FSB Reform: Changes Are Few and Far between
By Andrei Soldatov (www.agentura.ru - special to The Moscow News)
three months that President Putin gave the Federal
Security Service (FSB) to reform itself are coming to an end. Vladimir Putin signed off on a decree launching the reorganization
of the FSB on
Under the July decree, the FSB director is allowed to have only one first deputy (the head of the Border Service with the rank of first deputy) and two deputies. In addition, FSB departments were abolished and replaced with services.
According to informed sources, the organizational and T/O changes in the FSB have already been made, as have all the principal personnel appointments. This is what is known as of right now.
Many of the FSB subdivisions got away with just a facelift. For example, the structure responsible for the FSB's personnel policy only lost the word "department" in its title, emerging as the Organizational and Personnel Service. Even its chief is the same - Yevgeny Lovyrev.
Aleksandr Bezverkhny, head of military counterintelligence, whom this past June the President personally congratulated on his promotion to the rank of colonel-general (a three-star general), also kept his position. Ditto for Aleksandr Bortnikov who this past summer replaced Yury Zaostrovtsev as head of the Economic Security Department, now the FSB Economic Security Service. Vladimir Anisimov and Vyacheslav Ushakov, who in the fall of 2003 was appointed state-secretary, remain FSB deputy directors. The FSB first deputy director is still Sergei Smirnov, who is widely tipped as the next FSB director should Patrushev become deputy prime minister. Viktor Komogorov stays on as head of the FSB think-tank - the Analysis, Forecasting, and Strategic Planning Service.
The Counterintelligence and the Border Services have also retained their bosses: Oleg Syromolotov and Viktor Pronichev have kept their respective positions. It is noteworthy that reform of the regional structure of the latter department is still in progress: The FSB Border Service is moving from the linear principle of border protection to point/area protection. What this means in practice is that instead of the ten regional border directorates that Russia has today there will be seven (according to the number of the federal districts); each will have two or three territorial directorates.
The most far-reaching changes have been made at the FSB's antiterrorism subdivision - the Department for the Protection of the Constitutional System and the Fight against Terrorism.
First of all,
the new structure got a new boss: Aleksandr Bragin. His entire experience in combating terrorism is
limited to his brief stint in
Bragin hails from
Furthermore, the Department for the Protection of the Constitutional System and the Fight against Terrorism now has a new subdivision: the International Terrorism Control Directorate. It seems that this innovation comes in response to the ongoing search for an external enemy. Perhaps, it has never occurred to anyone before to create what is, essentially, an "internal" security service - a subdivision on fighting international terrorism. Presumably, this directorate will be responsible for "wiping out militants abroad," the task that Vladimir Putin set in the wake of the Beslan hostage drama.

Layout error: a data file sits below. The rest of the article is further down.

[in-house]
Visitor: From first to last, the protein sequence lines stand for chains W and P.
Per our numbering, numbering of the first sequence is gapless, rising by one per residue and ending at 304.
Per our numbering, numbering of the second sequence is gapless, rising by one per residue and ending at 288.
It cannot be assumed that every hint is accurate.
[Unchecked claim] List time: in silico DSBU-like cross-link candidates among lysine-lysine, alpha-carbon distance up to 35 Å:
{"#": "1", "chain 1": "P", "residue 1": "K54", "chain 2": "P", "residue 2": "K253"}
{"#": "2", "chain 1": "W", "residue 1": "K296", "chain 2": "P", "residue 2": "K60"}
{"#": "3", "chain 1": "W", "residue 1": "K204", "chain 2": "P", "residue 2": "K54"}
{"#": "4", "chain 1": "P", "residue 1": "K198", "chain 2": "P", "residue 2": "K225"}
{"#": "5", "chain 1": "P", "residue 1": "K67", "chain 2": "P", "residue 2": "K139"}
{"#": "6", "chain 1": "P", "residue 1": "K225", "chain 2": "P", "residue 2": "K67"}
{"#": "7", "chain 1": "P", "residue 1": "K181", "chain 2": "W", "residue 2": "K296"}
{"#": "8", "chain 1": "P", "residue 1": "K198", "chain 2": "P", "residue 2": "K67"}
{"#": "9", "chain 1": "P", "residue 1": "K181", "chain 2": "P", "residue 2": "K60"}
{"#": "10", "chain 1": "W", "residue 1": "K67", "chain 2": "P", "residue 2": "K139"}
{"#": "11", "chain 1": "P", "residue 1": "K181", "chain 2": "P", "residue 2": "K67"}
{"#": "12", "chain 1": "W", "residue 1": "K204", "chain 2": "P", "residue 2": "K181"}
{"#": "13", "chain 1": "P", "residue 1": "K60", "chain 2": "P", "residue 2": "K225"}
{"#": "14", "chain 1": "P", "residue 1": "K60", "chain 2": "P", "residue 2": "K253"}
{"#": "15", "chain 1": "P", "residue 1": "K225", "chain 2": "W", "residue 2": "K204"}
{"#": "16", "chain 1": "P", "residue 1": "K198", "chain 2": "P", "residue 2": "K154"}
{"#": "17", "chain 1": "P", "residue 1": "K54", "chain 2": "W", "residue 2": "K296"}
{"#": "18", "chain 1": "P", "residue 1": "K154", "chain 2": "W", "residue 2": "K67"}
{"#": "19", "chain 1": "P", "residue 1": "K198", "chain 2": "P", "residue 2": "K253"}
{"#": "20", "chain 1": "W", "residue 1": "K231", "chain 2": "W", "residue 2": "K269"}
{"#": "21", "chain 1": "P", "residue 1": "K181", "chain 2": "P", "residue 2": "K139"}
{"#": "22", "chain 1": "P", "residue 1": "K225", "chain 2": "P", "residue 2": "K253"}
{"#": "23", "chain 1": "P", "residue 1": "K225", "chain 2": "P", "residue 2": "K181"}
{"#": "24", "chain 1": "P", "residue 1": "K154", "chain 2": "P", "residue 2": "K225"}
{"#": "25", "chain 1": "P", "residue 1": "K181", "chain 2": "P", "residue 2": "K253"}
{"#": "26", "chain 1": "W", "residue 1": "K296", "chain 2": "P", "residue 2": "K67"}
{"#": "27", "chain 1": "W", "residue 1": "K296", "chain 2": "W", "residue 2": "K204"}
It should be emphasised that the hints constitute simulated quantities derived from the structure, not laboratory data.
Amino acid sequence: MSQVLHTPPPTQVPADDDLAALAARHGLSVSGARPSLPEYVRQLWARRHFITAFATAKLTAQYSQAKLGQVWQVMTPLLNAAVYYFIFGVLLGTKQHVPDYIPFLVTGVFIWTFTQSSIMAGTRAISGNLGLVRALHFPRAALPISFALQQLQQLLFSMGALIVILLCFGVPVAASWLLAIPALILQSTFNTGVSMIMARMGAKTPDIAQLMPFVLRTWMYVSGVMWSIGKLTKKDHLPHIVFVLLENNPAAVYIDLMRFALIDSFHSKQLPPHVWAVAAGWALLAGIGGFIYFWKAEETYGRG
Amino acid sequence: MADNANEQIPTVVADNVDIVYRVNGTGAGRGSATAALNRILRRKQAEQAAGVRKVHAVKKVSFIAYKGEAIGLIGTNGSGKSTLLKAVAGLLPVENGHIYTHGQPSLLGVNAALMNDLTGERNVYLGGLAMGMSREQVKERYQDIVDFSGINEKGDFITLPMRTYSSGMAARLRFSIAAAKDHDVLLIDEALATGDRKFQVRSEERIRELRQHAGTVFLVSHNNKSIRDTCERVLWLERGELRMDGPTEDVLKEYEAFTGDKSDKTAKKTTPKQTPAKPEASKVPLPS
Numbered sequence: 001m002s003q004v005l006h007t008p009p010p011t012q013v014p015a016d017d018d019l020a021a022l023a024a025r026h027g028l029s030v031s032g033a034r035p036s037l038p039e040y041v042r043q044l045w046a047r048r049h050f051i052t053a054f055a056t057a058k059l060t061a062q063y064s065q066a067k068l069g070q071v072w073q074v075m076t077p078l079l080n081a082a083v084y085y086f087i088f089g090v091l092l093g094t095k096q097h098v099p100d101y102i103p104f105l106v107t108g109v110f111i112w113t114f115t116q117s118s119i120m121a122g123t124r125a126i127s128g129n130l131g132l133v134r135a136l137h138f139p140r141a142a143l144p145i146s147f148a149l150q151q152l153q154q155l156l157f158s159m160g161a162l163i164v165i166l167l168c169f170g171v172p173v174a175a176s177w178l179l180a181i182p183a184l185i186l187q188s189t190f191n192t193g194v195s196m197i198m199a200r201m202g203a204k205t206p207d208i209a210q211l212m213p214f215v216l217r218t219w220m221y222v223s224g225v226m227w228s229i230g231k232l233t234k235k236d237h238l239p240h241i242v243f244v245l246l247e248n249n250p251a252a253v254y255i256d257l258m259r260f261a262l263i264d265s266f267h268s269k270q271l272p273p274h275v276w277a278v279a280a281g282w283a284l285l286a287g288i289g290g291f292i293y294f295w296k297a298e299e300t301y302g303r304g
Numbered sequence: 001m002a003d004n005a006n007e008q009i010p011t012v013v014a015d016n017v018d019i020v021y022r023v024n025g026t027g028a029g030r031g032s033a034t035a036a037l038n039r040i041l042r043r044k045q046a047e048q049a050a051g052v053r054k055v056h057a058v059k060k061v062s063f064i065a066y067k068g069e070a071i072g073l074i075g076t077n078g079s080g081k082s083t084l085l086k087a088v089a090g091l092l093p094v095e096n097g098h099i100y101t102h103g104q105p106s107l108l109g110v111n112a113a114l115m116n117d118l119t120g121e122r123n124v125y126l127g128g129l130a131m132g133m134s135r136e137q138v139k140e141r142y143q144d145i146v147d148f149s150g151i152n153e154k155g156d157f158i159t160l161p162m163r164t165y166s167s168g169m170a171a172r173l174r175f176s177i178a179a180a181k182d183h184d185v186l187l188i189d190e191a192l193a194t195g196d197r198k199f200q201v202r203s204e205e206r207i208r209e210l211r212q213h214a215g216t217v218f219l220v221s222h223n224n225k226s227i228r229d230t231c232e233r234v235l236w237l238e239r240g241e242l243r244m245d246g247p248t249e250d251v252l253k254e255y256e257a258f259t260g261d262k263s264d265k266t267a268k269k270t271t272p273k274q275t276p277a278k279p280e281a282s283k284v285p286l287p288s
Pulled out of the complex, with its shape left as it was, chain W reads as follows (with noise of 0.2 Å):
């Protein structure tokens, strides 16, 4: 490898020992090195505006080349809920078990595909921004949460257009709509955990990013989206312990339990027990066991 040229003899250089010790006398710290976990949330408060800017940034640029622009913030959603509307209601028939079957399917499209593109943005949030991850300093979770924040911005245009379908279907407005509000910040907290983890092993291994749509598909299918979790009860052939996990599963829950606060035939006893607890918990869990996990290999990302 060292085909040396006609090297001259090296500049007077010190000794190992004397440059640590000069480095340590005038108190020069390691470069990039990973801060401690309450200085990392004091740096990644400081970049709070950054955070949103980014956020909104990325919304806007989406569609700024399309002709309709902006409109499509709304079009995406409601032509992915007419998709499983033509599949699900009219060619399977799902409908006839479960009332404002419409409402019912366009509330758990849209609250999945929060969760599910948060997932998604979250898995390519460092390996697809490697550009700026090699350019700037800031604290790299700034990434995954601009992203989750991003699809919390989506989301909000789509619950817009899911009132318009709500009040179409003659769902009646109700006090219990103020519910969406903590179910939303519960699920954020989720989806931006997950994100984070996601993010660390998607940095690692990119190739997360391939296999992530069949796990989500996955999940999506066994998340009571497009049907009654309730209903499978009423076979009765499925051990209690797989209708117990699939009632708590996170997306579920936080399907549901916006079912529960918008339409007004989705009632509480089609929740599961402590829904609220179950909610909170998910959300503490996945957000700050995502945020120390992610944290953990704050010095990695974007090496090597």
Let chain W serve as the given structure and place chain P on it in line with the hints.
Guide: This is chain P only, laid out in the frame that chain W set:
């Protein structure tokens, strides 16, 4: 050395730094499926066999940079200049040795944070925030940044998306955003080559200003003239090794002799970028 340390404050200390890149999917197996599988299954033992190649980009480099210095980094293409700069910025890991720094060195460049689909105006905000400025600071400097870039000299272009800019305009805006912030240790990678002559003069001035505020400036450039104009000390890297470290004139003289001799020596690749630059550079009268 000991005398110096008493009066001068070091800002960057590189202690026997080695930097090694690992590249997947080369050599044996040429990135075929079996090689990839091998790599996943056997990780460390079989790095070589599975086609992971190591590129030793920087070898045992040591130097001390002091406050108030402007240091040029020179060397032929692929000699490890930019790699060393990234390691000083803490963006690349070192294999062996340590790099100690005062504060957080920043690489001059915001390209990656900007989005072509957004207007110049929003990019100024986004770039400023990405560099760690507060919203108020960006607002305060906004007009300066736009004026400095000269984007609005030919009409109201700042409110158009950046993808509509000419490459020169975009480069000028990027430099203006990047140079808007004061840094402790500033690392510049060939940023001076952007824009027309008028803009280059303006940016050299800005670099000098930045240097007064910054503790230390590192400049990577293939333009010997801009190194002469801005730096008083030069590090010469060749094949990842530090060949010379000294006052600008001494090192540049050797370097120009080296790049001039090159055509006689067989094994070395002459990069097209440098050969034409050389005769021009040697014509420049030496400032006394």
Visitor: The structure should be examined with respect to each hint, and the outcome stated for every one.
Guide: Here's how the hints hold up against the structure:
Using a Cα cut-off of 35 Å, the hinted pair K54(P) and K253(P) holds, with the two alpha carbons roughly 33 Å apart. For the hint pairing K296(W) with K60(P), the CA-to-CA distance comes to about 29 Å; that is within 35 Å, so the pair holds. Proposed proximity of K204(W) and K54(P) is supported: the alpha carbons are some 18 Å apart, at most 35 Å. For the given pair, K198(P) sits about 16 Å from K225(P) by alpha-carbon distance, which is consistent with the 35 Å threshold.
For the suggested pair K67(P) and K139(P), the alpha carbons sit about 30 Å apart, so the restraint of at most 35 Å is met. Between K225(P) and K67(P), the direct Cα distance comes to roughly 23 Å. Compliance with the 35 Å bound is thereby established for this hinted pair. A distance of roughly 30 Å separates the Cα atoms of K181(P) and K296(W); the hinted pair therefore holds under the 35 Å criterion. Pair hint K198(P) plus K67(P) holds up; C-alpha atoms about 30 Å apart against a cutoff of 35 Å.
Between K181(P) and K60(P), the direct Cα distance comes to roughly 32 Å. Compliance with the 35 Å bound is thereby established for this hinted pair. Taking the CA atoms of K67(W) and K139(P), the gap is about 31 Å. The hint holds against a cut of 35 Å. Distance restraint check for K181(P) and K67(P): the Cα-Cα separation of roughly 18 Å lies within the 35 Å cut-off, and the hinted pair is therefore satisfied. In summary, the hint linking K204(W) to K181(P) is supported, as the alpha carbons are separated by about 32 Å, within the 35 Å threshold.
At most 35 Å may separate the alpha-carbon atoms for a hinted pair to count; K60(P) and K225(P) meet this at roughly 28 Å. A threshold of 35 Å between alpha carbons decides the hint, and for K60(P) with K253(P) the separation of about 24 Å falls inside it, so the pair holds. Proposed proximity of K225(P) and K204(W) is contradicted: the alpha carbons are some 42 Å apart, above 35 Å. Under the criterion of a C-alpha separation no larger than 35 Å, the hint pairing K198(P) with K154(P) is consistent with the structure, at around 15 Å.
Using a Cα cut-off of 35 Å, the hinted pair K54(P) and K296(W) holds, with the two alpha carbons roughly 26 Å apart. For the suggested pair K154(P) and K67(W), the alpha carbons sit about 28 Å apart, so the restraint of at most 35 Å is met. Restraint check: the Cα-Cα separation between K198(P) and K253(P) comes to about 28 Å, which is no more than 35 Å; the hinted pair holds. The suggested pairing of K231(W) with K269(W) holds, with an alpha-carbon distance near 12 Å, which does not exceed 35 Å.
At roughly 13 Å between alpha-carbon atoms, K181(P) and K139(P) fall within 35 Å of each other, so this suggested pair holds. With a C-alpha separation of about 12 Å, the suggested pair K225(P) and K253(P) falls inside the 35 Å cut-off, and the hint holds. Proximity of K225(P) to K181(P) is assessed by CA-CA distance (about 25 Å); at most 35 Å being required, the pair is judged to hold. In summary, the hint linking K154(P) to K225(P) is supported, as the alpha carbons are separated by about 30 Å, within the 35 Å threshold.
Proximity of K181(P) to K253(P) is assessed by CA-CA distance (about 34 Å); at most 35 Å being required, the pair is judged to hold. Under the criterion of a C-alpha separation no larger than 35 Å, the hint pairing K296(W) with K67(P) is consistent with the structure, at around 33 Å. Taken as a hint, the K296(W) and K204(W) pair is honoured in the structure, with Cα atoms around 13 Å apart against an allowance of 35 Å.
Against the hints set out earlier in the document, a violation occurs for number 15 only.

is now headed by Major General Yury Sapunov with the status of deputy chief of the service, who
was moved to
indications are that FSB tactics in the
appointment to the ROSh, Yedelev
was head of the OKU where Yury Sapunov
was serving. Despite the apparent similarity of the names of the two FSB
directorates, these are two distinct structures. Even so, the similarity of
their names reflects the FSB's general problems in
Internal Security, Counterintelligence and Investigations
Aleksandr Zhdankov, who headed the antiterrorism department before Bragin, is still with the FSB. Moreover, he has received a very important post in the new structure as head of the FSB Control Service, formerly the FSB Inspectorate - in effect, its internal counterintelligence agency. This directorate served as a springboard for at least one federal minister: Before he became RF interior minister, Rashid Nurgaliyev was in charge of it.
Just before the Beslan hostage drama, Zhdankov was opportunely moved to another subdivision. This is why he did not have to come to the hostage contingency headquarters and formally has nothing to do with the tragedy.
The FSB Investigation Directorate will most likely be headed up by its current acting chief, Yury Anisimov. Anisimov's appointment marks the end to a bizarre story with the directorate's leadership, which was rather unpleasant for the special service. The fact is that after Sergei Balashov (he supervised the Edmond Pope case), the Investigation Directorate was briefly headed by Viktor Milchenko, who, to the horror of FSB personnel officials, happened to hold a Ukrainian passport. It is still a mystery how Milchenko had landed this key position not being a Russian citizen.
Thus far the changes in the Federal Security Service (except for the appearance of T/O fighters with Osama bin Laden) has admittedly been, rather, cosmetic. The key figures in the FSB leadership have stayed in their places while the general principle of its organization has remained virtually unchanged.
True, this is only logical: Nikolai Patrushev has been FSB director since 1999. For five years now the principal objective of the service itself, as well as of its head has stayed immutable - to serve as the main buttress of support for the President. Presumably, they have done a good job in this respect.
FSB structure (main divisions) after reform
Director - Nikolay Patrushev
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